Soon enough, it will be T-Day, and no, the T doesnt stand for terrified, unless you happen to be hosting your first Thanksgiving dinner.
Because of the other big Ts – turkey, trimmings – its easy to push aside another T – table.
A fresh, tabletop centerpiece really can be that final garnish to the feast. But many folks think making one is just too much, and yes, theres that T again – trouble.
But Shenoah White says it doesnt have to be. Recently the floral designer at Lopshire Flowers in Fort Wayne presented a workshop at the Foellinger-Freimann Botanical Conservatory on how to make an easy fall-themed centerpiece.
The centerpiece starts with a medium-sized pumpkin – now that Halloween is over, some just might be on clearance, or you may still have a serviceable one on the porch – and a bouquet of supermarket flowers, plus a couple of incidentals.
The only other costs are for a small block of florist foam (probably about 50 cents) and a small plastic container (about $1) at a craft store. You might have the former around the house and be able to improvise the latter – a plastic cereal bowl will do in a pinch.
The total expense: Less than $10. The investment of time? White went from start to finish in 15 minutes.
Step 1: Turn the bowl upside down and place it on top of the pumpkin. Trace around it with a marker, then use a sharp knife to cut a little inside the marking to take the top off the pumpkin. Place the container right side up so the rim rests on the cut – no need to take all the seeds out of the pumpkin.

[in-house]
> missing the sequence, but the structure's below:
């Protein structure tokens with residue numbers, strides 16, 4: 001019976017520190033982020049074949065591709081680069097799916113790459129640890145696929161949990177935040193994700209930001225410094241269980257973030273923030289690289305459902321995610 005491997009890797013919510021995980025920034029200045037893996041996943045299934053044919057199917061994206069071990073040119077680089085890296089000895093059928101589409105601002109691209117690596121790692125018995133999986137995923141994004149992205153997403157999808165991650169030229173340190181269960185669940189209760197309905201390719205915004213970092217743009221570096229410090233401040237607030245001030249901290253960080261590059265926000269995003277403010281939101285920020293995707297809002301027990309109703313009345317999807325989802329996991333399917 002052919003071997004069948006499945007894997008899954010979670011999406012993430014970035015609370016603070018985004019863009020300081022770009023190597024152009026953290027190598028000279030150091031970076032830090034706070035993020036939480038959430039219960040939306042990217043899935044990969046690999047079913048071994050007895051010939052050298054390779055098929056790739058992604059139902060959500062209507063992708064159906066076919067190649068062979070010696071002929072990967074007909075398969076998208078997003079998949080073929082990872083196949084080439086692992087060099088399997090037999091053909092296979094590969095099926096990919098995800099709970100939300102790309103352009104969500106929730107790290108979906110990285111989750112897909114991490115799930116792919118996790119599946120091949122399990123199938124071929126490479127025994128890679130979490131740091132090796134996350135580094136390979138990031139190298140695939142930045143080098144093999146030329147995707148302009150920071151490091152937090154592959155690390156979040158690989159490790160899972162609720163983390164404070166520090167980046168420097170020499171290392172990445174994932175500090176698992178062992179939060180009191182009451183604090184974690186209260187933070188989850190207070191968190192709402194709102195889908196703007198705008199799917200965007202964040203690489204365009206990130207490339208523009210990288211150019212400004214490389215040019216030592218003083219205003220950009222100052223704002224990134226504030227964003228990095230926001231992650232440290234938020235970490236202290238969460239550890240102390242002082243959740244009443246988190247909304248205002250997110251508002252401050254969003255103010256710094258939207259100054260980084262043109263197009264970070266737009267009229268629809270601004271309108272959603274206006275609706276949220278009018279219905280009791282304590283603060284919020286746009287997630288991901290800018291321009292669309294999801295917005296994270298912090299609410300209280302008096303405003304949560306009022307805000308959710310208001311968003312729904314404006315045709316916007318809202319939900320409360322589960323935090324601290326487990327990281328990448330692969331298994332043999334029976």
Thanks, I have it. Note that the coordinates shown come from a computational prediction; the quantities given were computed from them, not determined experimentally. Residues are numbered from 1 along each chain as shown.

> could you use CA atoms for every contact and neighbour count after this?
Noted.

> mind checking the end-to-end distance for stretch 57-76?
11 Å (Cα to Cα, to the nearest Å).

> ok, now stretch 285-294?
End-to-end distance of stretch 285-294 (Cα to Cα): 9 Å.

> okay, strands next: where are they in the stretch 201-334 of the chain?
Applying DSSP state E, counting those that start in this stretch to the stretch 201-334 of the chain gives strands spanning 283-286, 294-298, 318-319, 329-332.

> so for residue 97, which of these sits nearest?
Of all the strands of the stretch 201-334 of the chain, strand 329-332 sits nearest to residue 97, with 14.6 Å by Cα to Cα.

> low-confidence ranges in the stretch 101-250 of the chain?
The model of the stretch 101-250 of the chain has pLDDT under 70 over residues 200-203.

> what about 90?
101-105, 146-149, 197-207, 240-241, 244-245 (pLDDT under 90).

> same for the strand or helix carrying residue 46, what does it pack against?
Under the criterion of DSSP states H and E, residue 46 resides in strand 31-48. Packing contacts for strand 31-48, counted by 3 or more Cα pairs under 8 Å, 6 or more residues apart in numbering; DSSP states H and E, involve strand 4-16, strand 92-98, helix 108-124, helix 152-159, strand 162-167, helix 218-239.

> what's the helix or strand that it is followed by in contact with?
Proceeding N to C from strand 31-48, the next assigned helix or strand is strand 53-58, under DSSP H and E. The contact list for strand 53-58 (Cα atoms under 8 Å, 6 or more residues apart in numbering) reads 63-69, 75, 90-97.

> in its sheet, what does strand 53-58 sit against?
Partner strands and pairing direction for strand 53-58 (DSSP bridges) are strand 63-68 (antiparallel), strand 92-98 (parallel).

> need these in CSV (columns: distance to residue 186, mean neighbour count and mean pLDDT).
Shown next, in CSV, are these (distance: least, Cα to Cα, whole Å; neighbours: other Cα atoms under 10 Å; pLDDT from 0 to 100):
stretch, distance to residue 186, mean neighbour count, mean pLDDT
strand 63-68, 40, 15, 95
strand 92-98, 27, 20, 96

Step 2: Place an appropriately sized square of florist foam so it fills in the bottom of the bowl. Then take two or three flexible branches – White used willow available at florists, but branches cut from that tree or any other flexible-branch tree such as weeping cherry, will work – bend them into a loop as shown in the Step 2 photo and secure the ends with a twist-tie or florist wire. Make two. The pieces should be about 2 1/2 times the width or height of the pumpkin. Place one straight up slightly to the right of center and one horizontally so the loop is on the left. You can secure them to the foam square with florist clips although untwisted paper clips bent in half or strong wire will do. If you wish, cut the branches at the center of the upright loop.
Step 3: Cut two sets of two or three sprigs of dried wheat (available at craft and florist shops) two to five inches shorter than the branches. Place just to their right. Roadside cattails, wild teasel (those weeds that form oval burrs at the top), ornamental grass or tall, sturdy sprigs of herbs such as oregano or rosemary from the garden can be substituted.
Step 4: Cut sprigs of fern included in the bouquet into sprigs and place mostly horizontally so they cover the base of the container. If you have artificial or large real leaves, they can be substituted.
Step 5: Add flowers. Start with two tall straight ones about twice the height of the pumpkin, and one cut about three inches shorter, to add tothe center of the arrangement. White used roses, but carnations or chrysanthemums are fine. Then add face flowers ones with a large flowerhead, at the base of the arrangement so they can be seen from all sides. Fill in with smaller flowers or buds cut to different heights and spaced evenly. Add more greenery vertically if youd like. Add water and place in a prominent spot on the table.